There are a fairly large number of factors to consider and it is also important to accept that not all fiber is the same just like not all twisted pair is the same. Here are a few things that occur to me. Of course these may vary depending on environment.
Fiber: Much longer max distances, depending on specification and throughput. No electromagnetic ...
Singlemode fiber has a lower power loss characteristic than multimode fiber, which means light can travel longer distances through it than it can through multimode fiber. Not surprising, the optics required to drive singlemode fiber are way more expensive, especially considering any varying circumstances.
When to use each:
Both singlemode ...
No, the numbers are right (Page 46). If I can reword your question, it's "Why should I use fiber if the propagation delay is worse than copper?" You are assuming that propagation delay is an important characteristic. In fact (as you'll see a few pages later), it rarely is.
Fiber has three characteristics that make it superior to copper in many (...
While most other answers have talked about Length limits, Interference issues and are all correct. One important factor while choosing the cable is the speed of the network and the devices you plan to use.
The general specifications for currently available ethernet network speeds are as follows
Twisted Pair Copper Cable
Multi-mode fiber (MMF) uses a much bigger core and usually uses a longer wavelength of light. Because of this, the optics used in MMF have a higher capability to gather light from the laser. In practical terms, this means the optics are cheaper.
Single-mode fiber (SMF) has much tighter tolerances for optics used. The core is smaller and the laser ...
Some devices could only run at 10 megabit/s, so the device at the other end would autosense the speed to match. If a device that has a maximum speed of 10 Mbit/s is connected to a 10 Mbit/s / 100 Mbit/s switch, the switch needs to lower its speed on that particular port in order to effectively (efficiently) communicate with the device.
If cost is a factor for you, I would look at it like this;
If you are making a short run, say 50M, I would go for copper, simply because of cost (This 50M run is between two comms cabs in an office building for example).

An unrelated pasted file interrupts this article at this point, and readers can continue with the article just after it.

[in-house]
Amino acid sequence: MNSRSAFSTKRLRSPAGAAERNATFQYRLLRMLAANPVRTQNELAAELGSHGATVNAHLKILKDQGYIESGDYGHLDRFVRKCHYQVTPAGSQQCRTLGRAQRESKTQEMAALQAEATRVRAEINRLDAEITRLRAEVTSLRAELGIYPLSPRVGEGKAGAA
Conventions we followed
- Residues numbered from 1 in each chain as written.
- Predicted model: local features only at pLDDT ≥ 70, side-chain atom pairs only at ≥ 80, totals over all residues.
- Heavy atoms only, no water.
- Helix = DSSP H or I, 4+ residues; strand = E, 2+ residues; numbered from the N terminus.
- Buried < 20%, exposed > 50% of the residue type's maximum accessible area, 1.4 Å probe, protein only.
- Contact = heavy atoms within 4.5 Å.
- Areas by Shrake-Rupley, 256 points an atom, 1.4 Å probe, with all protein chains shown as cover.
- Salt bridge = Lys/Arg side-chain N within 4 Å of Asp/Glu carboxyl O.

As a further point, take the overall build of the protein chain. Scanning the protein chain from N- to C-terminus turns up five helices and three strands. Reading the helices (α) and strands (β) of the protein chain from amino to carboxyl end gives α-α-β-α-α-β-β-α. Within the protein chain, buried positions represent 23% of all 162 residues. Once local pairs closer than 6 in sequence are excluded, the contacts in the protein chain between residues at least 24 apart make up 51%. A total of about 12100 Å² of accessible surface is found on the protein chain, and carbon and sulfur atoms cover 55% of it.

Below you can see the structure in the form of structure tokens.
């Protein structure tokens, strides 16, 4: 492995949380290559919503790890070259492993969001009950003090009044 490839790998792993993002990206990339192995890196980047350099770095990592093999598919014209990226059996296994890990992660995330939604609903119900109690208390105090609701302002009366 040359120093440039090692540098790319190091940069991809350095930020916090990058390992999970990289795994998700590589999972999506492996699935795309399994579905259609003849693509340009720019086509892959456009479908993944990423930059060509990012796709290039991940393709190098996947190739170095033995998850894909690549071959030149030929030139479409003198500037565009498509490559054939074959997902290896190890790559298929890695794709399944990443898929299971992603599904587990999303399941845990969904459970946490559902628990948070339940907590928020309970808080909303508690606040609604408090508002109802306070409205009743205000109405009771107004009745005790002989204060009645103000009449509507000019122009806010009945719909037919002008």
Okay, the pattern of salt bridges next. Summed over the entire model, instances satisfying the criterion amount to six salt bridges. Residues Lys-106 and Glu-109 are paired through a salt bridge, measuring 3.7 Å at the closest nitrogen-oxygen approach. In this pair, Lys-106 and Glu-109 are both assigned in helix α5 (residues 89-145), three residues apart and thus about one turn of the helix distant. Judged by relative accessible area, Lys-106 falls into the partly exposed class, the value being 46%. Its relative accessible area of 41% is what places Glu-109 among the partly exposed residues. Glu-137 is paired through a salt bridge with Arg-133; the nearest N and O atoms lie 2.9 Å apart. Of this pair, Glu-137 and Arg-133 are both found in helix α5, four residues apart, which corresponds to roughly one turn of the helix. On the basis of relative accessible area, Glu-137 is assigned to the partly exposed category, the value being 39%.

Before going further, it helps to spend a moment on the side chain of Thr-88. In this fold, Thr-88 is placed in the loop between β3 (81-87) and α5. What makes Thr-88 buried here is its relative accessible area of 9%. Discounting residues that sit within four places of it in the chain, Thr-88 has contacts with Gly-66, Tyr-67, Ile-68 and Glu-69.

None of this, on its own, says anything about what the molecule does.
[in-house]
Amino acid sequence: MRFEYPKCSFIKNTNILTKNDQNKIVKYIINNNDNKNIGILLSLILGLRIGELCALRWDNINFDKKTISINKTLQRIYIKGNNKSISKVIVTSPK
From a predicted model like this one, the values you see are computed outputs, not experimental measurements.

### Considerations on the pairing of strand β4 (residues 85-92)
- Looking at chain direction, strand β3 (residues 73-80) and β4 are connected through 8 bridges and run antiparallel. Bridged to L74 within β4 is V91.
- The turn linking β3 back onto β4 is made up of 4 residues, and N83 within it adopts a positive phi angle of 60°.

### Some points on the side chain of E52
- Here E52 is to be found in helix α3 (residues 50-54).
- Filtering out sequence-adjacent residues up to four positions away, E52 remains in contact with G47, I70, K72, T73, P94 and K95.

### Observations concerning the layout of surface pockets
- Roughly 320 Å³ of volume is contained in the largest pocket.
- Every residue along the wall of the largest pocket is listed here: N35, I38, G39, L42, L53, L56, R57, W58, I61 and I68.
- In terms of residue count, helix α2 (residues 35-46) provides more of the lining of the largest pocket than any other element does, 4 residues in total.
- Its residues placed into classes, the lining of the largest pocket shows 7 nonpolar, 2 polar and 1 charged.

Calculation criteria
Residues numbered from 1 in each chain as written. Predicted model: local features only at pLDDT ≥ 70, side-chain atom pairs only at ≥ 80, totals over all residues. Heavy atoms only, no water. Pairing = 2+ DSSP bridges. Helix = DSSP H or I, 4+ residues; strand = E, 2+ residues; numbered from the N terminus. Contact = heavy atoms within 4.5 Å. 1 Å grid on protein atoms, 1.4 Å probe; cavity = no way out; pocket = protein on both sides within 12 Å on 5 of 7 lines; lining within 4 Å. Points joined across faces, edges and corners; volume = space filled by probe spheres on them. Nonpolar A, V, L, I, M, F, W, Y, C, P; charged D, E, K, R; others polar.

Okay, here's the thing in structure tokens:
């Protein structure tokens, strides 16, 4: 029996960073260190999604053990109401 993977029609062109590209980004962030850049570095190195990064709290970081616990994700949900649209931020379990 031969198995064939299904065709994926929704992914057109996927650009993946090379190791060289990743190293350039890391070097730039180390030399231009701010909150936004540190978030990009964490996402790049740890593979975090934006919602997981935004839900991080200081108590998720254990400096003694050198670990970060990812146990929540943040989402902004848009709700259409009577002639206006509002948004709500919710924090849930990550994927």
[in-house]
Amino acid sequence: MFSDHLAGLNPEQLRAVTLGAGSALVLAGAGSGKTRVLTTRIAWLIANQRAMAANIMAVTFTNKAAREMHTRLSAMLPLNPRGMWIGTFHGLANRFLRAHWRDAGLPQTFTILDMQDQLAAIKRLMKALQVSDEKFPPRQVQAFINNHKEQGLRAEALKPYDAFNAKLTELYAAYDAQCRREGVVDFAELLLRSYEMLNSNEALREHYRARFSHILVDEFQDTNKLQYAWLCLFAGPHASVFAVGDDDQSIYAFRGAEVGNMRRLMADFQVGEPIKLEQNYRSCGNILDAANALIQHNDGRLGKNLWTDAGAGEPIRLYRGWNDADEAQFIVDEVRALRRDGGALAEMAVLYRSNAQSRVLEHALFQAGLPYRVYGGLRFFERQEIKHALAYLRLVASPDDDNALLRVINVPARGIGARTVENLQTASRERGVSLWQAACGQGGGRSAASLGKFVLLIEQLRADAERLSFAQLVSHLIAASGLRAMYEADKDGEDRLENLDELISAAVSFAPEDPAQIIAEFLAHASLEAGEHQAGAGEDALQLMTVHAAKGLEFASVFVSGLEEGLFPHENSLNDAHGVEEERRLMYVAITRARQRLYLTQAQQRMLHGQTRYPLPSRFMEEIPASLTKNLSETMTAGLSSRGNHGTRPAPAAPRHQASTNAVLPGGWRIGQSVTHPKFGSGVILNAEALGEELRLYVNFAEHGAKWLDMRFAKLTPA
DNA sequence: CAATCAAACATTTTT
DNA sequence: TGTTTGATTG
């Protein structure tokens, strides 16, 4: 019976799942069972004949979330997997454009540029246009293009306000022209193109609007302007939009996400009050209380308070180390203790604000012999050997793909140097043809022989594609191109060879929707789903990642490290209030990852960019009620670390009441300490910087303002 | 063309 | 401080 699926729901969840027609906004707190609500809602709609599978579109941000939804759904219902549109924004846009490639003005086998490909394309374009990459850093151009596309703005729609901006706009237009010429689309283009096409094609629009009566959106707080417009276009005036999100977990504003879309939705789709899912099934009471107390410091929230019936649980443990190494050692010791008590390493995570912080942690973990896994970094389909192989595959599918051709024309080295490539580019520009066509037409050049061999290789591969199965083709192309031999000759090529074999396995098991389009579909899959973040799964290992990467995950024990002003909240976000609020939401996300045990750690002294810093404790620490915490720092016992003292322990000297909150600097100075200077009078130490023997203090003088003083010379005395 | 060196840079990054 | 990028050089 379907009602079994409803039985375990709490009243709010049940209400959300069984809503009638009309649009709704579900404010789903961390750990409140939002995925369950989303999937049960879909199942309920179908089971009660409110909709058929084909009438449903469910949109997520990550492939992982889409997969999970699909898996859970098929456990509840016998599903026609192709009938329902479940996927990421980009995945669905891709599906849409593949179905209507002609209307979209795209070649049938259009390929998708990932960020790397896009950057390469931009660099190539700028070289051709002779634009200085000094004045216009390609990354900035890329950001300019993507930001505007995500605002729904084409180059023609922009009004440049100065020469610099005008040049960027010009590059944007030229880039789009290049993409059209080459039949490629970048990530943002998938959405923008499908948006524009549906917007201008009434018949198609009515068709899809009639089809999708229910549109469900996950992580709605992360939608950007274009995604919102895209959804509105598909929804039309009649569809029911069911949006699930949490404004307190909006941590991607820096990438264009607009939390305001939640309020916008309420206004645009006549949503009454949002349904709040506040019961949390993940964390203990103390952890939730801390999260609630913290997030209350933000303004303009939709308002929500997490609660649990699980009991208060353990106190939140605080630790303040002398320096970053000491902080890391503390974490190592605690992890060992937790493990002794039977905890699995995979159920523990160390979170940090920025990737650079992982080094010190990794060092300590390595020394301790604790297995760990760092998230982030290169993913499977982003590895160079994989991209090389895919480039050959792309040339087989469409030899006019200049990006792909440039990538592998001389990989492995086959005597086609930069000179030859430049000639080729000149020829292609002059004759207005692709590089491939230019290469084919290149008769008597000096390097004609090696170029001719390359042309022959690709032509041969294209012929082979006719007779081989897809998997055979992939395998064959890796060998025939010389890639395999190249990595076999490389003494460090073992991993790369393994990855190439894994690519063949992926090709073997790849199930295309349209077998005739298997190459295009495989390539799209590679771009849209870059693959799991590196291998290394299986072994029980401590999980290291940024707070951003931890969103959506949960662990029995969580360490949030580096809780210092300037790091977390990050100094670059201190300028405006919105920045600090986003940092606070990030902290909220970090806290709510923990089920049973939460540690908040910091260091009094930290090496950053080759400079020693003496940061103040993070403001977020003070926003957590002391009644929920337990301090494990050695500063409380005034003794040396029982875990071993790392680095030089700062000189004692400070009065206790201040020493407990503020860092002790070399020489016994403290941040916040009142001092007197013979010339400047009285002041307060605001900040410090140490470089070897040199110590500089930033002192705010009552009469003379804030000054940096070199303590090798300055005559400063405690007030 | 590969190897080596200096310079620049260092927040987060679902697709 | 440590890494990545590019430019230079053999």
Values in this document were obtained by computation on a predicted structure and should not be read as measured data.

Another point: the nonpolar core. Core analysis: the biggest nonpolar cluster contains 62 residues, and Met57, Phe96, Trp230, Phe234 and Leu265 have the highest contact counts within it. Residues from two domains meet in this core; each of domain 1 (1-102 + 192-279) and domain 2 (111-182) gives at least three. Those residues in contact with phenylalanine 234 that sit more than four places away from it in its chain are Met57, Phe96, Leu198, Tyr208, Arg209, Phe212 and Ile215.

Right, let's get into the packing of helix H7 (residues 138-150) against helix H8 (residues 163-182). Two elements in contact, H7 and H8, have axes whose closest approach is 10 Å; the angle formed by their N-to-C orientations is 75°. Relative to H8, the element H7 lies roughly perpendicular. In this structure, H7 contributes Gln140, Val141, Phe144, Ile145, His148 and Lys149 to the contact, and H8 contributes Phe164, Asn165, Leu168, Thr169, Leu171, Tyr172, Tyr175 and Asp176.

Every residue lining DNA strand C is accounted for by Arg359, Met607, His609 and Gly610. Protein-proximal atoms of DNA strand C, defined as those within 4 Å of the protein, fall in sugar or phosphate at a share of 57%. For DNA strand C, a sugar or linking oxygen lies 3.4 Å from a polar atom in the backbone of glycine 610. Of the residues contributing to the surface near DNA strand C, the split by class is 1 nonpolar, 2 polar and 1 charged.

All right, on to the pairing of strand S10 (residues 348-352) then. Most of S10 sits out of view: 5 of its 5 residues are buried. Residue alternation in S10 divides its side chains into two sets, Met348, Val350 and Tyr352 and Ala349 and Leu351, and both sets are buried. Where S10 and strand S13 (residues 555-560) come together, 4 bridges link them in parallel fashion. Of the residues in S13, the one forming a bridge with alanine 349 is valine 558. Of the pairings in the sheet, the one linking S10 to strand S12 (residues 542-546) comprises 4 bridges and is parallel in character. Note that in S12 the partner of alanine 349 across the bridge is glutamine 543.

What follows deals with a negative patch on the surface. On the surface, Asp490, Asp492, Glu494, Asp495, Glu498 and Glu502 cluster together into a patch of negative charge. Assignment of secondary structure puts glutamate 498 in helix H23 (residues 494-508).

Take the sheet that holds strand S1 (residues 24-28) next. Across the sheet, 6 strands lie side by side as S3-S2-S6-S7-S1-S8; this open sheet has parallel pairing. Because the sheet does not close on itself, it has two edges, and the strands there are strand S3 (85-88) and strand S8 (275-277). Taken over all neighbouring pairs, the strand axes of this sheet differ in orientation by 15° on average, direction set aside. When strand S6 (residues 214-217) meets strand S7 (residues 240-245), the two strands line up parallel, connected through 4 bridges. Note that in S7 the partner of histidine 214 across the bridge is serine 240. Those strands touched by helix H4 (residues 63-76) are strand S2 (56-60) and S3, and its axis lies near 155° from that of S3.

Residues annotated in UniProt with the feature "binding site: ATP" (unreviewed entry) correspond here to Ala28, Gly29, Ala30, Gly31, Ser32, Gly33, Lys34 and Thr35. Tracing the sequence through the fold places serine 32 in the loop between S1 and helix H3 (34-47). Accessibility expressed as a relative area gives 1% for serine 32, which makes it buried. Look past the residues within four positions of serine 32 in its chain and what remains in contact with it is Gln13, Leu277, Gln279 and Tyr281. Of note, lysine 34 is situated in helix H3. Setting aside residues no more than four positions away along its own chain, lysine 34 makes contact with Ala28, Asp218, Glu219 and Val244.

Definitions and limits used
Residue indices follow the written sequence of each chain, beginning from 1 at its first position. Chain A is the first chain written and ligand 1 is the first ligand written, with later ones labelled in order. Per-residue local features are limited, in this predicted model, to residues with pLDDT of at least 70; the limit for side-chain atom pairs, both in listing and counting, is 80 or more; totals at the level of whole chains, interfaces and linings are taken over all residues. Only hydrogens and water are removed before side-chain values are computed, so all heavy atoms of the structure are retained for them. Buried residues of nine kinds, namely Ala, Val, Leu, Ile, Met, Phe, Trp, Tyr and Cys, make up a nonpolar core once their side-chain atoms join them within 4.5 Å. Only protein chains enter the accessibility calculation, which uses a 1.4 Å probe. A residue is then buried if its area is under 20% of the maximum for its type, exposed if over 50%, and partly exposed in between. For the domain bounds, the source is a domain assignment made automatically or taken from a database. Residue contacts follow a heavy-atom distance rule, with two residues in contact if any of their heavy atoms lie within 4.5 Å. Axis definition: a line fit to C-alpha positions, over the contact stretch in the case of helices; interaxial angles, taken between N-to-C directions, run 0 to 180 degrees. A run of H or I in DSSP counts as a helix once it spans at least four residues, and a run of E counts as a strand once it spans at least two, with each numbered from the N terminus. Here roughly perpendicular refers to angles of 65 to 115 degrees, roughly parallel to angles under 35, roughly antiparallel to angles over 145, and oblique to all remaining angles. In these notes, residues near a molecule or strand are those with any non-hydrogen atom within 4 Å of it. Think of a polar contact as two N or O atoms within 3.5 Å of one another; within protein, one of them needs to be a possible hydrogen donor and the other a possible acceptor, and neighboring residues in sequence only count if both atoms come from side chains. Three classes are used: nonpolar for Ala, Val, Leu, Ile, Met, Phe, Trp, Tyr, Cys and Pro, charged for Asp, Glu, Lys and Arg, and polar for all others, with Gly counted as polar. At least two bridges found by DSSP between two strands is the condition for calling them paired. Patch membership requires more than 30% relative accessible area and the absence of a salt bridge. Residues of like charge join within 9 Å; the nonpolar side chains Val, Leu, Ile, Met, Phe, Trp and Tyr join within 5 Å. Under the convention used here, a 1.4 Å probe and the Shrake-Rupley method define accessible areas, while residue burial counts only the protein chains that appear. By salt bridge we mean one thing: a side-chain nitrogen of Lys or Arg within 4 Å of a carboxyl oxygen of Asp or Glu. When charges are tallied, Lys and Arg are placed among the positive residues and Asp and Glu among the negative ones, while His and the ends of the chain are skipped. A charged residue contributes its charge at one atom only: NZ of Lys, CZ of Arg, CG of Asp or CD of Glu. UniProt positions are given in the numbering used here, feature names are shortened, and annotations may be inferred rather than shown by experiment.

Copper is cheaper and using switches would save on the cost of SFPs or GBICs and so on. We obviously aren't talking thousands ...
Contrary to popular belief, there are cable color standards defined, just hardly anyone (myself included) follow them closely or at all. Check local jurisdictions for variants.
ANSI/TIA/EIA-606-A Administration Standard for the Telecommunications
Infrastructure of Commercial Buildings or the updated ANSI/TIA/EIA-606-B documents these standards. Generally, ...
It is used to split the outer shielding away without needing to use a sharp object which could potentially damage the wires themselves. It is commonly called a ripcord.
Image taken from http://netx.us.com/Product%20pdf/Copper_Solutions/A6.pdf
This can introduce a number of problems, like additional attenuation or cross talk. Splicing is to be avoided whenever possible, but I have seen this work in a pinch although I would never recommend it. They key is to use a cable certification tester (not just a continuity tester) to make sure it still passes your required standard (Cat5/5E/6) after ...
If you ever feel that you are going to run FCoE over the medium then it is better to run fibre than copper as the BER for copper is significantly higher and most of the time will be outside of the tolerance for the 'lossless' nature of FCoe.
I will add another factor that hasn't been mentioned.
I can quickly and easily make copper cables, measured and cut to the exact length I need for a run...resulting in neater cable plants.
While you can cut to length and put ends on fiber optic cable, I find it considerably more difficult and time consuming...and my experience doing this is with multi-mode ...
When you use TIA/EIA-568B on both sides this is a straight through cable. The colors of the inner jackets don't really matter, much the same as it makes no difference to the operation of the network if you use a network cable with a black or yellow outer jacket.
However, the standard is in place for a real reason, and that is that the cabling system should ...
Remember 10Mbps came first, then 100Mbps, then 1000Mbps.
The advantage of supporting multiple speeds and automatically switching between them is you can upgrade your network gradually without having to worry about what speed each device supports or replacing everything at once. You just plug a device in and it connects at the highest mutually supported ...